Douglas Wilson recently posted a great critique of a speech given by Former House Speaker Newt Gingrich on the threat of Islamic fundamentalism (read “The Last Dregs of Christendom”). The speech itself is well worth listening to, but Wilson directs his critique at one specific piece, namely Gingrich’s claim that our struggle with Islam is primarily about preserving “Western values.”
“So?” Wilson asks. “Who cares about that?”
Such indifference to Western values is bound to perplex a few readers. What about the Enlightenment? Scientific progress? Democracy? Capitalism? What do you mean, “so what”?
The West certainly has plenty to offer in the realm of societal order, economic efficiency, and overall justice — and these are fine things to preserve — but when we’re talking about a serious and persuasive religious ideology (i.e. a spiritual force), engaging a struggle in the name of Western values is a bit risky, if not futile.
As Wilson says:
Western values only have value if they are a coded way of referring to something else. And that something else cannot be another horizontal fact, like representative government, or womens’ rights, or anything like that. That just pushes the question back a step. Why should we prefer those? And if we say that Western values simply means “our values,” then why should those outrank “their values”? In the ebb and flow of Darwinian struggle, ours sometimes loses to theirs.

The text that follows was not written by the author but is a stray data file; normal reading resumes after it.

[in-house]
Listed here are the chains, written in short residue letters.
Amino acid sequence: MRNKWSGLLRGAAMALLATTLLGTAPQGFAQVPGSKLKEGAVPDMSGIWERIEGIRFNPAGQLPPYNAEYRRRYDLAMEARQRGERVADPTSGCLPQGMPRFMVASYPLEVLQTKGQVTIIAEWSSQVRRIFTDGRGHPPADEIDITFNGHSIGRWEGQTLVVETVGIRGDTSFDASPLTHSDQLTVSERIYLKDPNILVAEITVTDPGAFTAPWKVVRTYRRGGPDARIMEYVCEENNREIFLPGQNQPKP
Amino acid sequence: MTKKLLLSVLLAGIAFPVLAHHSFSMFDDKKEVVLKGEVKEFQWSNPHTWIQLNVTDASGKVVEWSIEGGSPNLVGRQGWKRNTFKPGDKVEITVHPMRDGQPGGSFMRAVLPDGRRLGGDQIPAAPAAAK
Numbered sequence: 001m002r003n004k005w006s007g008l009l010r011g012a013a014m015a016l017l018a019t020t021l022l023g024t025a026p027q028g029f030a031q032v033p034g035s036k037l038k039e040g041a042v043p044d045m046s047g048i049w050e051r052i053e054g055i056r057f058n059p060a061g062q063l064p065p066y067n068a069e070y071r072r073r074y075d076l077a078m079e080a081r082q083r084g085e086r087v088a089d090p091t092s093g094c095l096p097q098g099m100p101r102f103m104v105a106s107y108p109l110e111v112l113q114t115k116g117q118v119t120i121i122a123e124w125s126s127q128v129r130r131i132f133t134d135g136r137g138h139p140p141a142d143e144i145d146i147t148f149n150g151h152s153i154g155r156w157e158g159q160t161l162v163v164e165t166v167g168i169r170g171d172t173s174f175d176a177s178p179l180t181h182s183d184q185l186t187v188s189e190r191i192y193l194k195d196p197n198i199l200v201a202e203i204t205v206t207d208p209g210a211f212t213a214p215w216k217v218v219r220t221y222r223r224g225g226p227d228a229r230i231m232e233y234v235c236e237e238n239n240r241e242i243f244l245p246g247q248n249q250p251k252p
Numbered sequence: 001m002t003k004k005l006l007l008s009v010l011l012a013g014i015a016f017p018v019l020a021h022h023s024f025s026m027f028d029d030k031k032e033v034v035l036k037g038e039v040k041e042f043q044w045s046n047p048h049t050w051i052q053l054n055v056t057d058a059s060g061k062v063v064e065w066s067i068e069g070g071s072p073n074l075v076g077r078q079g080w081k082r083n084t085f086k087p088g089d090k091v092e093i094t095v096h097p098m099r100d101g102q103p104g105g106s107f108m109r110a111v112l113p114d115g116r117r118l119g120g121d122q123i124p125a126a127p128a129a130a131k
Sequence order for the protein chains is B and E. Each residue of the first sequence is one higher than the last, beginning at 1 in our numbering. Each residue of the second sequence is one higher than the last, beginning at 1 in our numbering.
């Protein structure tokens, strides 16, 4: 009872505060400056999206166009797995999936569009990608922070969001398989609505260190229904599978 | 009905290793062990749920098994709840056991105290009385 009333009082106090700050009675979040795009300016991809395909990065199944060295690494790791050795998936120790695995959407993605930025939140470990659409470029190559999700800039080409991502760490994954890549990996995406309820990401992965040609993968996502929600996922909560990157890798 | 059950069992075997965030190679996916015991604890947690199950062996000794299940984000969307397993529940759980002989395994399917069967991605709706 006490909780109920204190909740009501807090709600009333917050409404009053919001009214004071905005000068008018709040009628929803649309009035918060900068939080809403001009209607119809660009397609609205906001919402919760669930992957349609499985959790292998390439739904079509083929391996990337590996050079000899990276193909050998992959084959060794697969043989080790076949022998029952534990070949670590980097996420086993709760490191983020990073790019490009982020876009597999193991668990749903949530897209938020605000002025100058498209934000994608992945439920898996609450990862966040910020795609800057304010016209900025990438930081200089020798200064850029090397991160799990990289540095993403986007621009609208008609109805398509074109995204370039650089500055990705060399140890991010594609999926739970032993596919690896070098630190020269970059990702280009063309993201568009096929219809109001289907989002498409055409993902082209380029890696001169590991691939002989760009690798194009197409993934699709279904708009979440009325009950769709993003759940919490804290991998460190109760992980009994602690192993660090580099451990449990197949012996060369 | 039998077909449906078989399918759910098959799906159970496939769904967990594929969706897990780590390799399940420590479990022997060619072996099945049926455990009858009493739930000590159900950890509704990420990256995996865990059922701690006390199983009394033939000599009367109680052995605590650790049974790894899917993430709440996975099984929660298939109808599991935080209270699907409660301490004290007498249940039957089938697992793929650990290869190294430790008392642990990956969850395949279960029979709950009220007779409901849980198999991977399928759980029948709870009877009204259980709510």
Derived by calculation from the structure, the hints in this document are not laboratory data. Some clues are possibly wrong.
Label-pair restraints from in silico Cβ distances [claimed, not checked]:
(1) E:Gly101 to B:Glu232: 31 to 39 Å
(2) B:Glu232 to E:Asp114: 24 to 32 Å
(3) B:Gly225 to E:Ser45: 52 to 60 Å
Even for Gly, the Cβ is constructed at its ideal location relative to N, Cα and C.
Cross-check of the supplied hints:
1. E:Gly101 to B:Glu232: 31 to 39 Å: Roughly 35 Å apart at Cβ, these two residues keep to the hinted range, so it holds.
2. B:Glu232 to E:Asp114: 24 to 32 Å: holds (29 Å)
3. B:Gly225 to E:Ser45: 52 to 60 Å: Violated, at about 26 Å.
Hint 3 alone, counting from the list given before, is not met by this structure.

In other words:
“Western values” as an appeal works only if it is a coded references to Christendom, and that only works if Christ is still there. Anything else is Read the rest of this entry »
Haidt is well known for his research on the evolution of morality through cultural and political lenses (he has authored two books on the subject), and he provides a good introduction to his views in this discussion.
You can watch the video here:
If you’re not in the mood to watch all 28 minutes, Haidt’s basic view on cultural formation is this:
I just briefly want to say, I think it’s also crucial, as long as you’re going to be a nativist and say, “oh, you know, evolution, it’s innate,” you also have to be a constructivist. I’m all in favor of reductionism, as long as it’s paired with emergentism. You’ve got to be able to go down to the low level, but then also up to the level of institutions and cultural traditions and, you know, all kinds of local factors.
Unlike this blog, Haidt believes in biological evolution, and likewise he takes a purely secular approach to discussing cultural evolution. However, his perspective is well worth considering, particularly because his conclusion points to Read the rest of this entry »